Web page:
Her instructions tell me to go to Room 1 after I’ve finished working with the reading groups to help the MakerSpace teacher set up. “She has a lot of preparation to do.” I want to be known as a substitute people can count on, one who is resourceful and responsible. When the reading specialist opportunity was posted, I took it, and my time with the third and fourth graders has fueled my desire to continue doing this—standing in for the regular classroom teacher.
I have met bright-eyed, eager children so far, with ready smiles and positive attitudes, their hair arranged in some wacky “dos.” I finally have to say something, “Hey Mikey, tell me about your hair.”
“It’s crazy hair day today,” he replies as if I should have known. He has a cluster of small balloons, a riot of color, attached with a rubber band to his black hair. And there’s Jax who beams with pleasure when he introduces himself and promptly counters, “And who are you?” When Jax leaves, he flashes that sunny smile again and says, “I hope you’ll come back.” Hey, I’m IN!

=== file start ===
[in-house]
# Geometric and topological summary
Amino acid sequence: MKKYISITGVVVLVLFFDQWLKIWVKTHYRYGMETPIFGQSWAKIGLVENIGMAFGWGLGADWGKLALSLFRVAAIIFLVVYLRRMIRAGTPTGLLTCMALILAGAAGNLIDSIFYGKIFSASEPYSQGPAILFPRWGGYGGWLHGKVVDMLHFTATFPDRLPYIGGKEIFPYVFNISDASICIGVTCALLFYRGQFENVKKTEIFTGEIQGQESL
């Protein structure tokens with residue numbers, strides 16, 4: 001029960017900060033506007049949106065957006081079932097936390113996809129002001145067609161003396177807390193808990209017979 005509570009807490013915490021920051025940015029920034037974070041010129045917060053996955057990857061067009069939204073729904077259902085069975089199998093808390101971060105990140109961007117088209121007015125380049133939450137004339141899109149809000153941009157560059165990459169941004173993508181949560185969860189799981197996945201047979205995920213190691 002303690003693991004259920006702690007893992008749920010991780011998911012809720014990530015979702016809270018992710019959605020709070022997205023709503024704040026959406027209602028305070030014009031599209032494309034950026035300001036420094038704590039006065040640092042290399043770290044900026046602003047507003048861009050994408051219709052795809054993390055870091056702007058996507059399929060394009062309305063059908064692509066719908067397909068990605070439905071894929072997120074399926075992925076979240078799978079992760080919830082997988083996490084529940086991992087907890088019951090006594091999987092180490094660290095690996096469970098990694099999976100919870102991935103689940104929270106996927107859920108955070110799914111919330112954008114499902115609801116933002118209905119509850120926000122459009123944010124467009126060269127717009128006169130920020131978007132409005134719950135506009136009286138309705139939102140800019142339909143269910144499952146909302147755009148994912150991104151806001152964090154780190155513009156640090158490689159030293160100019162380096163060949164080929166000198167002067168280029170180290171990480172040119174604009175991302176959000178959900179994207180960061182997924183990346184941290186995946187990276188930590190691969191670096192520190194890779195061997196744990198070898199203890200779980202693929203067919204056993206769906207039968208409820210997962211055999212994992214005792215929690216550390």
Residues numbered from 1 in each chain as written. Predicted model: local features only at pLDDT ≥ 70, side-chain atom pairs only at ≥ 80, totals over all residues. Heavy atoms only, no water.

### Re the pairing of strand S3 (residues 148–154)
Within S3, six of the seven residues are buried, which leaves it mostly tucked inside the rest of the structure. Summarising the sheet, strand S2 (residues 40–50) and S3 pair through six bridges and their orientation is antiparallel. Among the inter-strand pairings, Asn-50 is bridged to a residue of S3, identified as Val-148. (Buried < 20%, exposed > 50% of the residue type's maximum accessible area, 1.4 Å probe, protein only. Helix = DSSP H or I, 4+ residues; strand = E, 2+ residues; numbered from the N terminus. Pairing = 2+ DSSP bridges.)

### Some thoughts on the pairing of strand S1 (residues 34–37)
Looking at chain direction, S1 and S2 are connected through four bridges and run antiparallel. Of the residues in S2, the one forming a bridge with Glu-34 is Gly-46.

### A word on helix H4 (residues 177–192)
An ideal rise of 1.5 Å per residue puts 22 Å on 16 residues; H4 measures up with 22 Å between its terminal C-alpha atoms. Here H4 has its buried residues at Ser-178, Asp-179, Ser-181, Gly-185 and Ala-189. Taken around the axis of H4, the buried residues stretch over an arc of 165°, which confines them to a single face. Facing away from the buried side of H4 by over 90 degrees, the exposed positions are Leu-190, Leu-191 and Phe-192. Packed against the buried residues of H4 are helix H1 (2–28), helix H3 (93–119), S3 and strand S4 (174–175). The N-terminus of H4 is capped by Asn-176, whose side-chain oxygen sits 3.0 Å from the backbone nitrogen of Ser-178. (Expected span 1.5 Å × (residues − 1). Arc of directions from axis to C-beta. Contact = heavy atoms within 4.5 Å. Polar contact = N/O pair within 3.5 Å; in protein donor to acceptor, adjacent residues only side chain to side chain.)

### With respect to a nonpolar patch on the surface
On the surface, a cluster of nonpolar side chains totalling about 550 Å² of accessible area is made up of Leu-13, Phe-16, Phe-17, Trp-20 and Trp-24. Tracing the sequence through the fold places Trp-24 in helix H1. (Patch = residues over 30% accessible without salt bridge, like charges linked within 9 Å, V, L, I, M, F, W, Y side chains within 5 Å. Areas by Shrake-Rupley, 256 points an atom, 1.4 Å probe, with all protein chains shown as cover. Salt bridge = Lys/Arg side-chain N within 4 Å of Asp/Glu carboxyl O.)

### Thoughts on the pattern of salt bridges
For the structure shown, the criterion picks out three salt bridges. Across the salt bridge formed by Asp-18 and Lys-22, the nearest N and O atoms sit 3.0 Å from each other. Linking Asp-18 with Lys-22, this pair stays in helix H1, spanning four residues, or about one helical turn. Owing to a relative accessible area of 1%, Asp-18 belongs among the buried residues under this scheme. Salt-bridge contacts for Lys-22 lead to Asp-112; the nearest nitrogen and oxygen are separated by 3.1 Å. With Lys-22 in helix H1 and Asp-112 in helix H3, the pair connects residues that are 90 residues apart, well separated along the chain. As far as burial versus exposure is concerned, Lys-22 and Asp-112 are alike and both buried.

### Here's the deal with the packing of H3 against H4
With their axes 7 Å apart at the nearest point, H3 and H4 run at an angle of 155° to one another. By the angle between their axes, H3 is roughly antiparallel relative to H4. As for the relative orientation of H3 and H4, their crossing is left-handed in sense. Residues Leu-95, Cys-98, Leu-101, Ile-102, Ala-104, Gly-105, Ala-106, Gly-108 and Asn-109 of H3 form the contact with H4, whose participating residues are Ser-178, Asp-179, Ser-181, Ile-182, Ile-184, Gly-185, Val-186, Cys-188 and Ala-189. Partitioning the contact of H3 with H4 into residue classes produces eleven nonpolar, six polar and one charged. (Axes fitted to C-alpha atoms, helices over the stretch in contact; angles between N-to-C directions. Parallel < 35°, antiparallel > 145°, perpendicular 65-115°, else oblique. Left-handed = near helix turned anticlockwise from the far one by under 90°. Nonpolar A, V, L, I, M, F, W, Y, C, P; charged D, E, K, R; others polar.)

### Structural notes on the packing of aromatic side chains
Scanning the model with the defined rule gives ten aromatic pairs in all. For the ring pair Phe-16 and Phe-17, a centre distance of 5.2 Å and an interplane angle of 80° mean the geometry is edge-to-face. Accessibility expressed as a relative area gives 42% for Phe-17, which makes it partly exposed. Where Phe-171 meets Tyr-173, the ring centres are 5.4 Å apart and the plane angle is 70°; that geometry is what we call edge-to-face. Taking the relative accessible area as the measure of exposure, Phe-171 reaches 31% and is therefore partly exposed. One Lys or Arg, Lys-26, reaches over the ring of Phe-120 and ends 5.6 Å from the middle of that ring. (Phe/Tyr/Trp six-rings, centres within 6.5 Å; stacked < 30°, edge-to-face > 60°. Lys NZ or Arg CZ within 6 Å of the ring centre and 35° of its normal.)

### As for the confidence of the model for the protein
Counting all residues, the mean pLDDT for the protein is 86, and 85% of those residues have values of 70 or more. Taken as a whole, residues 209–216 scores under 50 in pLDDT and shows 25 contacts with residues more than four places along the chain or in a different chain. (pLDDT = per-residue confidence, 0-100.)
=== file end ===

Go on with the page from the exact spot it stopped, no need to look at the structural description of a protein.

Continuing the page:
Now my teaching is winding down as I head to the Maker Space. The teacher is filling plastic shoebox-size containers with water, a clean towel under each on the eight tables next to a container of pennies. Whatever they’re making, a mess is part of it, and she seems perfectly happy about that. She introduces herself, and as we measure and cut foil squares for the upcoming week, we begin to chat.
She’s new to the area, too, has just bought a house. “So did we,” I respond. “Where?”
“Pacific Homes Beach Club.”
“That’s where we bought.”
In the conversation that follows, I learn that our street dead ends at her house—the yellow one with a new roof! That she and her husband love it there, the people are so nice and represent various ages and experiences. It’s an animal-loving bunch—good to know, as we have a dog who begs for love but often inspires other reactions—willing to share tools, recipes, and stories.
All of a sudden, I feel a weight lift. “I hope this doesn’t sound weird, cuz I’m not usually like this, but I feel like meeting you today was, sort of…”
“Serendipity,” she says, one of my favorite words and definitely apropos. “I’m so glad to meet another neighbor,” she adds. She readily gives me a card with her information and urges me to contact her if I need anything.
Much more than money made, I weigh the value of my days on the scale of interactions. I feel rich.